Jillian - I was rtecnely a student, I had a different experience. I saw alot of advantages of e-books, and bought some of my textbooks that way. For one thing, just not having to cart all those heavy books to and from class - well, that was a HUGE advantage. Maybe it helped that I didn't also have to buy the hard copy. One professor recommended the e-book, and another couple of them complimented me when they saw I had the e-book rather than the hard copy. I used my cell phone in school, not an e-reader.I actually think the student market is completely primed for e-books. As soon as they come up with a better way to mark and flip through pages quickly, students and professors (who have to research and might prefer to carry all their books with them in e-format) will switch over.One more comment - watching these polls, well it's like watching history in action. We seeing a massive technology change right in front of us.
by Zehra 08:39:34 AM 2012.02.28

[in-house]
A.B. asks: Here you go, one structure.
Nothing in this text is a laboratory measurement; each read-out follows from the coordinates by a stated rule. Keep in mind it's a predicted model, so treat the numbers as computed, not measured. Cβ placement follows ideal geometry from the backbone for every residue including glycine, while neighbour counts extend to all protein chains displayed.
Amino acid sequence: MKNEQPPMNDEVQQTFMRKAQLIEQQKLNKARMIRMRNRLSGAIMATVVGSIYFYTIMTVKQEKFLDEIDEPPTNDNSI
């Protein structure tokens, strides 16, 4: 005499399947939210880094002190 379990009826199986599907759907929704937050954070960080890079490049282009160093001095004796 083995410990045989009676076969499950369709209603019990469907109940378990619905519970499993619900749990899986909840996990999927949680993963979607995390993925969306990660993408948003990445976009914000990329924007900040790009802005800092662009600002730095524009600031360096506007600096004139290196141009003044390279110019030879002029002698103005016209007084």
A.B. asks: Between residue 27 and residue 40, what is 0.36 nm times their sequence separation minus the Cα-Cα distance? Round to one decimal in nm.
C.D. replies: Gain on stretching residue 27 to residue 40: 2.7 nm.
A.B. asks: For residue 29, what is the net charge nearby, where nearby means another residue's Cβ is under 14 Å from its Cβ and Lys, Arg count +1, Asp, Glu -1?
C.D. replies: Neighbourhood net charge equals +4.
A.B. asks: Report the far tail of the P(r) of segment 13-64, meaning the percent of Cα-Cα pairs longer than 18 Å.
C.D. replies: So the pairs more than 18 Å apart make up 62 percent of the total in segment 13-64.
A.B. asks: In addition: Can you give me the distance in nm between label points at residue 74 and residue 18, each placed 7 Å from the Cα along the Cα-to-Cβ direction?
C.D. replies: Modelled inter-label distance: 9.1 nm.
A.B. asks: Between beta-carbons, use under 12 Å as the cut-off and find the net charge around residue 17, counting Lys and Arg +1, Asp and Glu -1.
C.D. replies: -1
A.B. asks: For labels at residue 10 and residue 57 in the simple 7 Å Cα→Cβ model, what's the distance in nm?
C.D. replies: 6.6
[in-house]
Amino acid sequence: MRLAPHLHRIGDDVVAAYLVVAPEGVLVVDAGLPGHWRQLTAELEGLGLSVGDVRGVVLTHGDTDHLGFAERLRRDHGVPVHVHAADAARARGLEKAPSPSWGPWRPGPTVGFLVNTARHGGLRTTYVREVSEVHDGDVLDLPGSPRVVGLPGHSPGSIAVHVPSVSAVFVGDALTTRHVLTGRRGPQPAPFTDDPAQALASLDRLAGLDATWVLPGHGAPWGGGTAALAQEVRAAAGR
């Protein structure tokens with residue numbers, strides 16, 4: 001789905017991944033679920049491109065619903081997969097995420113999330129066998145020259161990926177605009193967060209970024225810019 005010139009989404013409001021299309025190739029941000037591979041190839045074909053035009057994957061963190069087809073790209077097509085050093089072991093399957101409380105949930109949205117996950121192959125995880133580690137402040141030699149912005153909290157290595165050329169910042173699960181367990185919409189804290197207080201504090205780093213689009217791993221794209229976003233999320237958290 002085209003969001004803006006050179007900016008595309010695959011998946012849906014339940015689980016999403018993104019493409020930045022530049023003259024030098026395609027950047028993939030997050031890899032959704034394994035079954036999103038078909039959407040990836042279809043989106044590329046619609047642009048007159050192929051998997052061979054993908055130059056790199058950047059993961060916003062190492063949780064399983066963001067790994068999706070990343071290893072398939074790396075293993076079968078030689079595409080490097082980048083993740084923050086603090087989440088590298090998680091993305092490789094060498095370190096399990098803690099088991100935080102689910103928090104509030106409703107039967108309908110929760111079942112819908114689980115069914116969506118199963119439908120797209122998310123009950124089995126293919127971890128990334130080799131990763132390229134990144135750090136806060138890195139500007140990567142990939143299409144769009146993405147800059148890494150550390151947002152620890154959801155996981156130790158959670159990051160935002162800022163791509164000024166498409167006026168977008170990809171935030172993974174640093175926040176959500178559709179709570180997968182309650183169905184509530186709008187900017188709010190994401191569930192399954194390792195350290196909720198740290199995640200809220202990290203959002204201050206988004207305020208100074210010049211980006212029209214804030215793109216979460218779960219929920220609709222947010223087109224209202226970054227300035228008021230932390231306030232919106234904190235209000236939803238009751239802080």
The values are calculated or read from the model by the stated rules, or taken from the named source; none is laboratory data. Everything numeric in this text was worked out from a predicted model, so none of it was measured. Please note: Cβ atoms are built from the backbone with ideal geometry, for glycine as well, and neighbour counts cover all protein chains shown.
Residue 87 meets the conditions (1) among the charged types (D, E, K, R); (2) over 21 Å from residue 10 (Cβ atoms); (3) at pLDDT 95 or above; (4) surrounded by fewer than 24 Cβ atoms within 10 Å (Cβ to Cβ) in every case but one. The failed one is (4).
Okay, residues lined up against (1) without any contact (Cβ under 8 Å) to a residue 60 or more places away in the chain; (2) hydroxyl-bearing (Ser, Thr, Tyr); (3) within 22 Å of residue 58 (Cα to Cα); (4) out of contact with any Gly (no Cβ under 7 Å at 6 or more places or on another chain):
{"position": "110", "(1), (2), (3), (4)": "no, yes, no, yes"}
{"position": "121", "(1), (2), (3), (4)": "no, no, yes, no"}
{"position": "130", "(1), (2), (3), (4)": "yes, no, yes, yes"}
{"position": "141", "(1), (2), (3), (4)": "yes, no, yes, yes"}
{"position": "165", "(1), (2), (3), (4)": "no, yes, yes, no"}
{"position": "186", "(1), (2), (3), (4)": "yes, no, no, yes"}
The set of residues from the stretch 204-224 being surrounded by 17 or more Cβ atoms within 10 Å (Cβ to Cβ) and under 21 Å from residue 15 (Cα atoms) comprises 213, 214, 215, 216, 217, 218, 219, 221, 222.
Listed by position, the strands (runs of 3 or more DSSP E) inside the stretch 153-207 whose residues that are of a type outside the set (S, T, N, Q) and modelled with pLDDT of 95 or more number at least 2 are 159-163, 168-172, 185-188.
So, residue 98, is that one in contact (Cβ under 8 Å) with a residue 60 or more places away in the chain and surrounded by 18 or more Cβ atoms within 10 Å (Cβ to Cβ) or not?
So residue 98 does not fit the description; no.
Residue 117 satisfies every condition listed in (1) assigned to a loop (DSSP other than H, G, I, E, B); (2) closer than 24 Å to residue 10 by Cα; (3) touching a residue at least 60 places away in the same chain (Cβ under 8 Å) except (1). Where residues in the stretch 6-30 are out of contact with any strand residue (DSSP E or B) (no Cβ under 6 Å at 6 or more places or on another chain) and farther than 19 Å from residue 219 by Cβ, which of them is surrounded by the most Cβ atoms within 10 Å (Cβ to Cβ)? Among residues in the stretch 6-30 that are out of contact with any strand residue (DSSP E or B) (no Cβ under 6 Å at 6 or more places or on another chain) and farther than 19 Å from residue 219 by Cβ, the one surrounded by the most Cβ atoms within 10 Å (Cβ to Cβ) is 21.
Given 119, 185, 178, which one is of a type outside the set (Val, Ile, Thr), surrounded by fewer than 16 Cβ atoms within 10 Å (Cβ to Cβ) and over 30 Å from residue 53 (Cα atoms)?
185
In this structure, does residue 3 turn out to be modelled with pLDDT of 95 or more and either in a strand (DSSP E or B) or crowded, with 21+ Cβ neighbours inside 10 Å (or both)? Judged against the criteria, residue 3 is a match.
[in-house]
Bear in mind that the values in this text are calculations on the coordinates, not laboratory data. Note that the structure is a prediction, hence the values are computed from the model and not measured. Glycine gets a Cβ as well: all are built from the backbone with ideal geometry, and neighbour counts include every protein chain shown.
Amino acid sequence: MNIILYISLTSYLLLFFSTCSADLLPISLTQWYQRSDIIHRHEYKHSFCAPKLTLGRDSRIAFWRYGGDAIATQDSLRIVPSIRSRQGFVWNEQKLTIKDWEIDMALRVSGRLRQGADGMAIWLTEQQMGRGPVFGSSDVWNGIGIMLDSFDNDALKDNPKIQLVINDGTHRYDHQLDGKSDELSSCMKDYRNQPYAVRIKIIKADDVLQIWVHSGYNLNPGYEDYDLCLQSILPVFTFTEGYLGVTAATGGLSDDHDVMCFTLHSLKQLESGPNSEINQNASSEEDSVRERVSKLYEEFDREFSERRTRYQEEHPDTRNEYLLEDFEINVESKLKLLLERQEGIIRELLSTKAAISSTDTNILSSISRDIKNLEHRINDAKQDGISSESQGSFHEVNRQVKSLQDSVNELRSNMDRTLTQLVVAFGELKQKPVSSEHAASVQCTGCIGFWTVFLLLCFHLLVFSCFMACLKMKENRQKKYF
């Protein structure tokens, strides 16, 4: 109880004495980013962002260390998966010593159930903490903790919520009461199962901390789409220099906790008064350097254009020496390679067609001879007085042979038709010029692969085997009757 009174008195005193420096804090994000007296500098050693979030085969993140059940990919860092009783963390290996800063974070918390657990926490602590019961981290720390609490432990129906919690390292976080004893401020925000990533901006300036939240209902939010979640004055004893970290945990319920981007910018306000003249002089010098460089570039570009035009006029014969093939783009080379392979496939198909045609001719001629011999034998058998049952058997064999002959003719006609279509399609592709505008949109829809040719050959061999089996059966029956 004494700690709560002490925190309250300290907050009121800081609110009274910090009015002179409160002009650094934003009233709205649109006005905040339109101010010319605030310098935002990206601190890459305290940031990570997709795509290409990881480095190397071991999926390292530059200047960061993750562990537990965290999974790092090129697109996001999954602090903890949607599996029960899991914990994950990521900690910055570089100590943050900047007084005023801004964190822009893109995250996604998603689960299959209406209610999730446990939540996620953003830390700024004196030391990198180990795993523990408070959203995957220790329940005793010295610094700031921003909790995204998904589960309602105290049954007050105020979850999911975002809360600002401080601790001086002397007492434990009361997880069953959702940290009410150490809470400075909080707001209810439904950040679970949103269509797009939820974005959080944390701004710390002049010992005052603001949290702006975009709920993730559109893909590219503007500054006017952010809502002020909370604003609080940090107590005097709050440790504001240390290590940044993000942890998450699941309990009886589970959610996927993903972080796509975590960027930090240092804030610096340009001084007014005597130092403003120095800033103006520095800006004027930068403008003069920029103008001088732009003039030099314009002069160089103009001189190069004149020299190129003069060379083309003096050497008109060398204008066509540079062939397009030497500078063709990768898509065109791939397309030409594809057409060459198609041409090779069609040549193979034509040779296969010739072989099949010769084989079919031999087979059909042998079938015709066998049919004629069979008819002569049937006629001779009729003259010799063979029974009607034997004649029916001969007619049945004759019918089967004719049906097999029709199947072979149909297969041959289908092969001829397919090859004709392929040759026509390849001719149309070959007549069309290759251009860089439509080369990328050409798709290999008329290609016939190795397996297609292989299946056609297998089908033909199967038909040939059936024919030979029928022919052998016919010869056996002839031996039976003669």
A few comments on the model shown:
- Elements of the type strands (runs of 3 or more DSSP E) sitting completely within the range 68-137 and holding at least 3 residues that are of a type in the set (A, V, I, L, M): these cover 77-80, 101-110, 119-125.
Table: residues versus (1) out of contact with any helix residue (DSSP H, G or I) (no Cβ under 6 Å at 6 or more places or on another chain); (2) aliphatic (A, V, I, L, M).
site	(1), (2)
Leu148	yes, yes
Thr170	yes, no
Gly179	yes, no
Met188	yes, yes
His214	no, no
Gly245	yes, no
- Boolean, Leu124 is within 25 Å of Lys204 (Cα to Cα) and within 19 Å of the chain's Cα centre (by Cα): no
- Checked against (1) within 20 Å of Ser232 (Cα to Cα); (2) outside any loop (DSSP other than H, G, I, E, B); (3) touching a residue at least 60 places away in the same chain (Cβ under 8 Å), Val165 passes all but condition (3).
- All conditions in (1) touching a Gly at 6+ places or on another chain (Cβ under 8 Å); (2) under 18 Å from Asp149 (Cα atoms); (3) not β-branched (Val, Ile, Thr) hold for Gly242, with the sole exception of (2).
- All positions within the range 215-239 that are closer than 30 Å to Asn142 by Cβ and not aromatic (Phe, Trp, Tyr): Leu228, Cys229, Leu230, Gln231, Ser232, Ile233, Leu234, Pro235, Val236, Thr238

The thing is that I buy many books for my many e-readers and I also still buy many physical books. Reading a good book ceaters a memory for me and leaves an emotional tracer. Seeing those books on my shelf triggers those memories for me, like a song from the past. So for me, I think it comes down to a question of what books will I want to see on my shelf 10 years from now and what books do I just want to use. Yes, I do sometimes engage in a superficial relationship with books--it's all about having my way with them and then kicking them out. After all, there is only so much room on the shelf.